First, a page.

It's pretty flat out on the Arctic campaign these days and there often isn't much time to stop and reflect on things.

But if the 2 year anniversary of what is possibly the defining environmental battleground of our time, and the incredible effort of millions of heroes from all walks of life who are at forefront of its defence, isn't worth a pause then nothing is. So let's take a little trip down Save the Arctic memory lane…

Save the Arctic was born out of frustration stemming from inaction. The Arctic was under siege, with sea ice melting at such eye-opening rates that our global air conditioner was at risk of vanishing. Yet instead of being concerned by this in-your-face climate change warning and using it as a spur to take some real action, governments and companies were instead getting hot under the collar about the prospect of carving up the far north and plundering its resources.

This frustration was not just felt within Greenpeace; it was felt by many thousands of people, from all around the world. The birth of the Save the Arctic movement helped give this frustration a name, a focus, and a banner under which we could all unite. And here are some of the best bits we've all shared:

Ice ride. Thousands of Arctic defenders around the world hit the streets in a global display of polar peddle power. The date coincided with the annual sea ice minimum, when Arctic sea ice melts to its lowest point and exposes the dangerous consequences of climate change.

And let's not forget Arctic Ready, a web collaboration with Yes Lab designed to heighten awareness of Shell's barmy plan to exploit melting sea ice to drill for oil in the delicate and remote waters off Alaska. We ran a contest to create an advert to tell the real truth about Shell's Arctic plans - you submitted over 10,000 entries online and we made the winner into a billboard to put outside Shell's US HQ.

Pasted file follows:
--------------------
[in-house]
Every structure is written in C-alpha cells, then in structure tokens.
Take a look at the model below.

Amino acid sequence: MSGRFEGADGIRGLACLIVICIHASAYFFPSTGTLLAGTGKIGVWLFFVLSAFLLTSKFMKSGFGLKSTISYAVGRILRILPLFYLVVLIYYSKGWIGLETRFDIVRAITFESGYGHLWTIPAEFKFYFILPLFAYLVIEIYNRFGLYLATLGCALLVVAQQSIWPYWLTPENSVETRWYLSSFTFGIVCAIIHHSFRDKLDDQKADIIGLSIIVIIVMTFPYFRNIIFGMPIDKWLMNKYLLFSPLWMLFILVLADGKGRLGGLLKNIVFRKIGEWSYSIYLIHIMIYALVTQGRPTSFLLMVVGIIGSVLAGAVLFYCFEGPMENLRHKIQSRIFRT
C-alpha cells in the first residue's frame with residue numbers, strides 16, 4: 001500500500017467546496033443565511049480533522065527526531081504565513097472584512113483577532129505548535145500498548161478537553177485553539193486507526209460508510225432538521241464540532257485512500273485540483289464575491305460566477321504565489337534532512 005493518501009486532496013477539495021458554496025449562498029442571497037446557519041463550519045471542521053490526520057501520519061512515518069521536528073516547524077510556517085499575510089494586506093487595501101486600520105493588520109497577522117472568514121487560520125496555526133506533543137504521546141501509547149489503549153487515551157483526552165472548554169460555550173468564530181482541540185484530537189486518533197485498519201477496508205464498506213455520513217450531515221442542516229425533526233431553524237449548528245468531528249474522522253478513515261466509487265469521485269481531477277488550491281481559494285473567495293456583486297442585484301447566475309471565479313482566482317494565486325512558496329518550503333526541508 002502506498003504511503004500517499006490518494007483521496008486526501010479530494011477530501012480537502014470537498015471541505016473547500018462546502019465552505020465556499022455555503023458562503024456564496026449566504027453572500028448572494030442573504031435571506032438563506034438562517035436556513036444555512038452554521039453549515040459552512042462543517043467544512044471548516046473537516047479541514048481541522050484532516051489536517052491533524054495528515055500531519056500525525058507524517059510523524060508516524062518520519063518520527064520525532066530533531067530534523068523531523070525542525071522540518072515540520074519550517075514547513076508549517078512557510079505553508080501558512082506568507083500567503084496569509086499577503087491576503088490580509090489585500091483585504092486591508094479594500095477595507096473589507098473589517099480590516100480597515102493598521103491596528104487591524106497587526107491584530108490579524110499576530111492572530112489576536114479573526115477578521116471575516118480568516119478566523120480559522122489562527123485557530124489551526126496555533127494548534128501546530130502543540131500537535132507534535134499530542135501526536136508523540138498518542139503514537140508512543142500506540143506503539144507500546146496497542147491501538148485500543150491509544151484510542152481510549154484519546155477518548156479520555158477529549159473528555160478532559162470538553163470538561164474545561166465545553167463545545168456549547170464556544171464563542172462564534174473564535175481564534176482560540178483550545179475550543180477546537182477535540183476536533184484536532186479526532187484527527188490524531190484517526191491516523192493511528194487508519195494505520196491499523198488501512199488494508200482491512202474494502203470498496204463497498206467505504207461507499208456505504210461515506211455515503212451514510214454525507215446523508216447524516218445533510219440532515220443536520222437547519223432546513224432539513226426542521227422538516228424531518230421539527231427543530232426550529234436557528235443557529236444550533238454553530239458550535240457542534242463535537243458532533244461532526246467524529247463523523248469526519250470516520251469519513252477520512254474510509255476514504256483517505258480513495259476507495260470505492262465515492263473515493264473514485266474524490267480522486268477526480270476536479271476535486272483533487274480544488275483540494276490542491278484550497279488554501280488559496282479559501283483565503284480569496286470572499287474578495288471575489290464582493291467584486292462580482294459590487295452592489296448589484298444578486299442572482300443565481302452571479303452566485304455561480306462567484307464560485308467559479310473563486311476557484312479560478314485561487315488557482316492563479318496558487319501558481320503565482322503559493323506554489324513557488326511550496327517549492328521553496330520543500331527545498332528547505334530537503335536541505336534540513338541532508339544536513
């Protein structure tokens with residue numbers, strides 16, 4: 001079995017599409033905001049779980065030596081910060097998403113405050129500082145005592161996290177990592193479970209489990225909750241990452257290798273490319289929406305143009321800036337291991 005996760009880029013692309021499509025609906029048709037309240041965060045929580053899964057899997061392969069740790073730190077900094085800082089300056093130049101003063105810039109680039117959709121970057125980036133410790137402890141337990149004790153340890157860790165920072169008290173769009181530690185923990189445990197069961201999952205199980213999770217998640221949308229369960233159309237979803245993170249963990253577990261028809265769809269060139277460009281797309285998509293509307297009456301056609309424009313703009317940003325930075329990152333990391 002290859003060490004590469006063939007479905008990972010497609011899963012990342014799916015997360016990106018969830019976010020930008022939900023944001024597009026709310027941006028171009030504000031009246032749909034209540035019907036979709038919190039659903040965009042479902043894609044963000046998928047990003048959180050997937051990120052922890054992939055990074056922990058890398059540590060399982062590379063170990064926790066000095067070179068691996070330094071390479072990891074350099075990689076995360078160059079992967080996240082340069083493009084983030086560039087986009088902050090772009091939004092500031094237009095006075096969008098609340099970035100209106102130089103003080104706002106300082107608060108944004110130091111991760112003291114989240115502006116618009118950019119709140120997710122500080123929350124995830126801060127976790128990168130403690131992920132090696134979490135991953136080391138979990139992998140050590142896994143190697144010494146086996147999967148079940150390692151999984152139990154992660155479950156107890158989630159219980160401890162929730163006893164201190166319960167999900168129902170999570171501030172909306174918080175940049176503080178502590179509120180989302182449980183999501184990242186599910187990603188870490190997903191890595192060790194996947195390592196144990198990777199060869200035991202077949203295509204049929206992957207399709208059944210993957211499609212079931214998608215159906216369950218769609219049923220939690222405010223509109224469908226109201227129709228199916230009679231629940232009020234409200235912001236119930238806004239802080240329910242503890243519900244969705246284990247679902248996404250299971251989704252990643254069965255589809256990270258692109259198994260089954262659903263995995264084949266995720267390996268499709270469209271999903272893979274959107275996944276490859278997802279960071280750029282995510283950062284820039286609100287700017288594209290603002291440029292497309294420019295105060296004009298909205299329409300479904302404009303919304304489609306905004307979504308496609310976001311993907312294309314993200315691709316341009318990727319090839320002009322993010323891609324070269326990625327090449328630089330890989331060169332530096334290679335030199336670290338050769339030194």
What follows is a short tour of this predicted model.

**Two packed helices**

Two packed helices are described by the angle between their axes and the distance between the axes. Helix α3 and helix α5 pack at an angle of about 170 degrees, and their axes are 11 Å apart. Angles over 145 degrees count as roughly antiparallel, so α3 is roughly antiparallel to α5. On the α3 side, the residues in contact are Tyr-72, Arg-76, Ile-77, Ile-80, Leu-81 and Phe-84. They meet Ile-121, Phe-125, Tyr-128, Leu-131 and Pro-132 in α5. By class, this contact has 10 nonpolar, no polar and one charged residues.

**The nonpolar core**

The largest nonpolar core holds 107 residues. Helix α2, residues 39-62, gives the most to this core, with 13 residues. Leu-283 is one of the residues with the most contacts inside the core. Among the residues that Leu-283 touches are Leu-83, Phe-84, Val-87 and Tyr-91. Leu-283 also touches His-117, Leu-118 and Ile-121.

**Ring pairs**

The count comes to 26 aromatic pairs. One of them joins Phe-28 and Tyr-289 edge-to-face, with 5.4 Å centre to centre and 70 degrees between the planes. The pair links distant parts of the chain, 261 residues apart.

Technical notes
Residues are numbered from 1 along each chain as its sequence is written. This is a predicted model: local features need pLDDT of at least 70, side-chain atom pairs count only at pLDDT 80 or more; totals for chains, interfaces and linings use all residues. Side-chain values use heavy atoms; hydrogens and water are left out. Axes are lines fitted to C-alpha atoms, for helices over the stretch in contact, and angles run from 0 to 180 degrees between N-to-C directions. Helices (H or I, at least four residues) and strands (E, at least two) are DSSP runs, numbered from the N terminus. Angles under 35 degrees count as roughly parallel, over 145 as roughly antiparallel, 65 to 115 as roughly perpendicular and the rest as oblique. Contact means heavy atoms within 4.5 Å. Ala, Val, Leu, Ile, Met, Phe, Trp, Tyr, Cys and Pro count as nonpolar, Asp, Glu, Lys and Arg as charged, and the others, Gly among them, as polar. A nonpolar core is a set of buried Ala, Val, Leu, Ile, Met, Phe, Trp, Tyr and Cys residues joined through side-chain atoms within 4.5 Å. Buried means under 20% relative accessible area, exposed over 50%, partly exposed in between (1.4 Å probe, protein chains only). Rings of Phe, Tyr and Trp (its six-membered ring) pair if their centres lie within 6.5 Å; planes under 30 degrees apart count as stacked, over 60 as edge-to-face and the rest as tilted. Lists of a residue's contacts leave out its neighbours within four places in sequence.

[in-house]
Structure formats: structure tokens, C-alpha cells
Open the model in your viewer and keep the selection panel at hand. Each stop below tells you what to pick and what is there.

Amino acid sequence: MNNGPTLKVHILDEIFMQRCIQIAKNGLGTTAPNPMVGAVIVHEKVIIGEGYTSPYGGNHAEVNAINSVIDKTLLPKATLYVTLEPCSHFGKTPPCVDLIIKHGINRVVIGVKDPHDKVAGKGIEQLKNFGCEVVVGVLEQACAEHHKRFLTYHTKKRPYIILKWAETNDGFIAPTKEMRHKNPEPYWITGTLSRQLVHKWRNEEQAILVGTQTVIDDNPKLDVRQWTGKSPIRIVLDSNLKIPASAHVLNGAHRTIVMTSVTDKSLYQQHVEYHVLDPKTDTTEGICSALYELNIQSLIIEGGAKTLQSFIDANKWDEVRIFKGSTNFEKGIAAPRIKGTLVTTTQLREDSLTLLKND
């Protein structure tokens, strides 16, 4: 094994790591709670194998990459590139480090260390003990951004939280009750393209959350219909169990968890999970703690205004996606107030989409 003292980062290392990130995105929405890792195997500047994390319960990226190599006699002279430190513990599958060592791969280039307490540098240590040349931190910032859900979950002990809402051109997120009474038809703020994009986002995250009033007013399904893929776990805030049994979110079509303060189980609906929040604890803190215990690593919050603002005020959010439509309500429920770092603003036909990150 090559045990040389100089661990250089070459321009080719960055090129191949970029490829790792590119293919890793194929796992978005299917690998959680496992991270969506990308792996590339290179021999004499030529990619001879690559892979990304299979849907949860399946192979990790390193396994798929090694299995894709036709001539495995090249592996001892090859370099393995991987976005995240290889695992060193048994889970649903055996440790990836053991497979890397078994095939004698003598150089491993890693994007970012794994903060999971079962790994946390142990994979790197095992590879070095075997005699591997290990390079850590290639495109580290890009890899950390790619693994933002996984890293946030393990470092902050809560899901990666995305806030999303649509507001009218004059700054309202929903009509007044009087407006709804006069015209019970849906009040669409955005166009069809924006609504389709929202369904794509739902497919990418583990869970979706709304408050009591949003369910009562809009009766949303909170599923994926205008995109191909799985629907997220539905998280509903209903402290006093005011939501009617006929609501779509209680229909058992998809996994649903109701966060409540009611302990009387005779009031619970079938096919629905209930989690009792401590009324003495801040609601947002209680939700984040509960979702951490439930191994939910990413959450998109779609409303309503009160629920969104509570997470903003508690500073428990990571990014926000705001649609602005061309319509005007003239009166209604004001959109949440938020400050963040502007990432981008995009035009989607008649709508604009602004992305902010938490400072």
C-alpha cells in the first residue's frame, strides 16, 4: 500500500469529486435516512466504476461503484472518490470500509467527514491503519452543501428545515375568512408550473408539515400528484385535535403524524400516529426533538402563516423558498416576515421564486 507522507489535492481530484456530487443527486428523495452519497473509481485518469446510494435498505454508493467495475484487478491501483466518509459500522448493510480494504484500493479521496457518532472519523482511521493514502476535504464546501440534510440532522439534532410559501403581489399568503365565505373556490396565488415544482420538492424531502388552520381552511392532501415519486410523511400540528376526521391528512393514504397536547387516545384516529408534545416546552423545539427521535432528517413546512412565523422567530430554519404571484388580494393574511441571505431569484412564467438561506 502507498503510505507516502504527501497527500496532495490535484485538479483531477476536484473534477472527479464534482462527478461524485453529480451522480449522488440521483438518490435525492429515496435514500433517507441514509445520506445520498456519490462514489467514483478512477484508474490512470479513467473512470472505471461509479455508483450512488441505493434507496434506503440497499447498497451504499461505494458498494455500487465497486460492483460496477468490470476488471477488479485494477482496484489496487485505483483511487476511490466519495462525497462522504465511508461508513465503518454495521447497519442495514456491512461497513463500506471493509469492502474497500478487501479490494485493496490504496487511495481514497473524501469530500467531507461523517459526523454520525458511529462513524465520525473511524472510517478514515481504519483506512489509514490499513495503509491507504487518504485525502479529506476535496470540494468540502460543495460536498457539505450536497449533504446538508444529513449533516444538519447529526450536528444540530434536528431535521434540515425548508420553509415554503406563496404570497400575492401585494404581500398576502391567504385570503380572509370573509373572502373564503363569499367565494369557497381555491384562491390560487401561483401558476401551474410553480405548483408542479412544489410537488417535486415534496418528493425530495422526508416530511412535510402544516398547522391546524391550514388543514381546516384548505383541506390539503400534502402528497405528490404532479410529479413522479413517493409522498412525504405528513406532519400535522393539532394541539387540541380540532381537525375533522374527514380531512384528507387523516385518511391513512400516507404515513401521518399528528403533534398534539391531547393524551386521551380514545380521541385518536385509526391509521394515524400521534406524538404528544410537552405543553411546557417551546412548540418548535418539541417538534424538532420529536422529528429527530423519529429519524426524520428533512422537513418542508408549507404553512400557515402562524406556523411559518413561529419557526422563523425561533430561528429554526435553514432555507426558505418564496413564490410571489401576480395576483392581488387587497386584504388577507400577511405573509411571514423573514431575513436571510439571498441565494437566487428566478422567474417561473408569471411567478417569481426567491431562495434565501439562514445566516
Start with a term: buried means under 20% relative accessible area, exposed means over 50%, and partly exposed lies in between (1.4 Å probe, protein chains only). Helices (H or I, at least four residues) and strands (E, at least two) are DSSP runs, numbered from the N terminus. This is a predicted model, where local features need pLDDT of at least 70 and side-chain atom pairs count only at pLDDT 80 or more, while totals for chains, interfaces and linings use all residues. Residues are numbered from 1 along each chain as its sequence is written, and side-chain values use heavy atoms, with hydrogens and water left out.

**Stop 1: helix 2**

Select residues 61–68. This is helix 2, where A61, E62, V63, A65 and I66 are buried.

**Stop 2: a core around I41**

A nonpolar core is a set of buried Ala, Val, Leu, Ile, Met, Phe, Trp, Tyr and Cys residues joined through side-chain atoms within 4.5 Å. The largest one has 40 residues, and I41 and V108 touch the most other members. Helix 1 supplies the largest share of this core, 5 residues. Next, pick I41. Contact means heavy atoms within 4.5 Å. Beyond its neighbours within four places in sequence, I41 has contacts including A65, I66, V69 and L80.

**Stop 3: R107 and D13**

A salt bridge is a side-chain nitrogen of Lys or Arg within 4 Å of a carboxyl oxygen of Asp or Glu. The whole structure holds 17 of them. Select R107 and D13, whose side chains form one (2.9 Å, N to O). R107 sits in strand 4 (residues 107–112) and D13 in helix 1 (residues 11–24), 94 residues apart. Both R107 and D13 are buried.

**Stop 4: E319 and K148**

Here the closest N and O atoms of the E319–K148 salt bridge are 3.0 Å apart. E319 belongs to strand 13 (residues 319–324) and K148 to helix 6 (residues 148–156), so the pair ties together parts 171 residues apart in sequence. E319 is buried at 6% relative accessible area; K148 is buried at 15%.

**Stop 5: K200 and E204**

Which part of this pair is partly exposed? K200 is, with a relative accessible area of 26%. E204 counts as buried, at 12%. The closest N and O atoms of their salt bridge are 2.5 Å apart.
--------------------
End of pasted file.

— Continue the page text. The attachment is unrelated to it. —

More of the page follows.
Then there was the incredible support you gave the Arctic 30. What more can we say? Thank you.


And the moment 5 million people - more than the population of Sydney - signed the petition to create a global sanctuary around the North Pole and ban offshore drilling and destructive fishing in the Arctic.

And with so many voices, all shouting the same message, the politicians had to start taking notice. Some even took action. The European Parliament and Finland Government both came out in support the idea of an Arctic sanctuary. A sanctuary would mean permanent protection of one of the largest and least exploited areas on Earth. It would be the biggest conservation zone in existence, protecting fish stocks, ice-dependent species, and a huge variety of cold water species.

So where are we at now? Well, the next National Geographic Atlas world map will be noticeably missing a big chunk of Arctic ice. We all know the Arctic is still melting and governments and companies are still greedily grabbing at its once hidden resources.

But what has changed is that there is now a global movement standing up for the far north. It started 2 years ago and it is growing stronger and stronger every day. And you are part of it. And so are we. And together, we can Save the Arctic.

We'd love to hear your best bits! There have been so many special moments and amazing achievements for us to look back on and we hope you will take a minute this week to celebrate everything we've done together.

Ana Mules is a Communications Officer at Greenpeace New Zealand.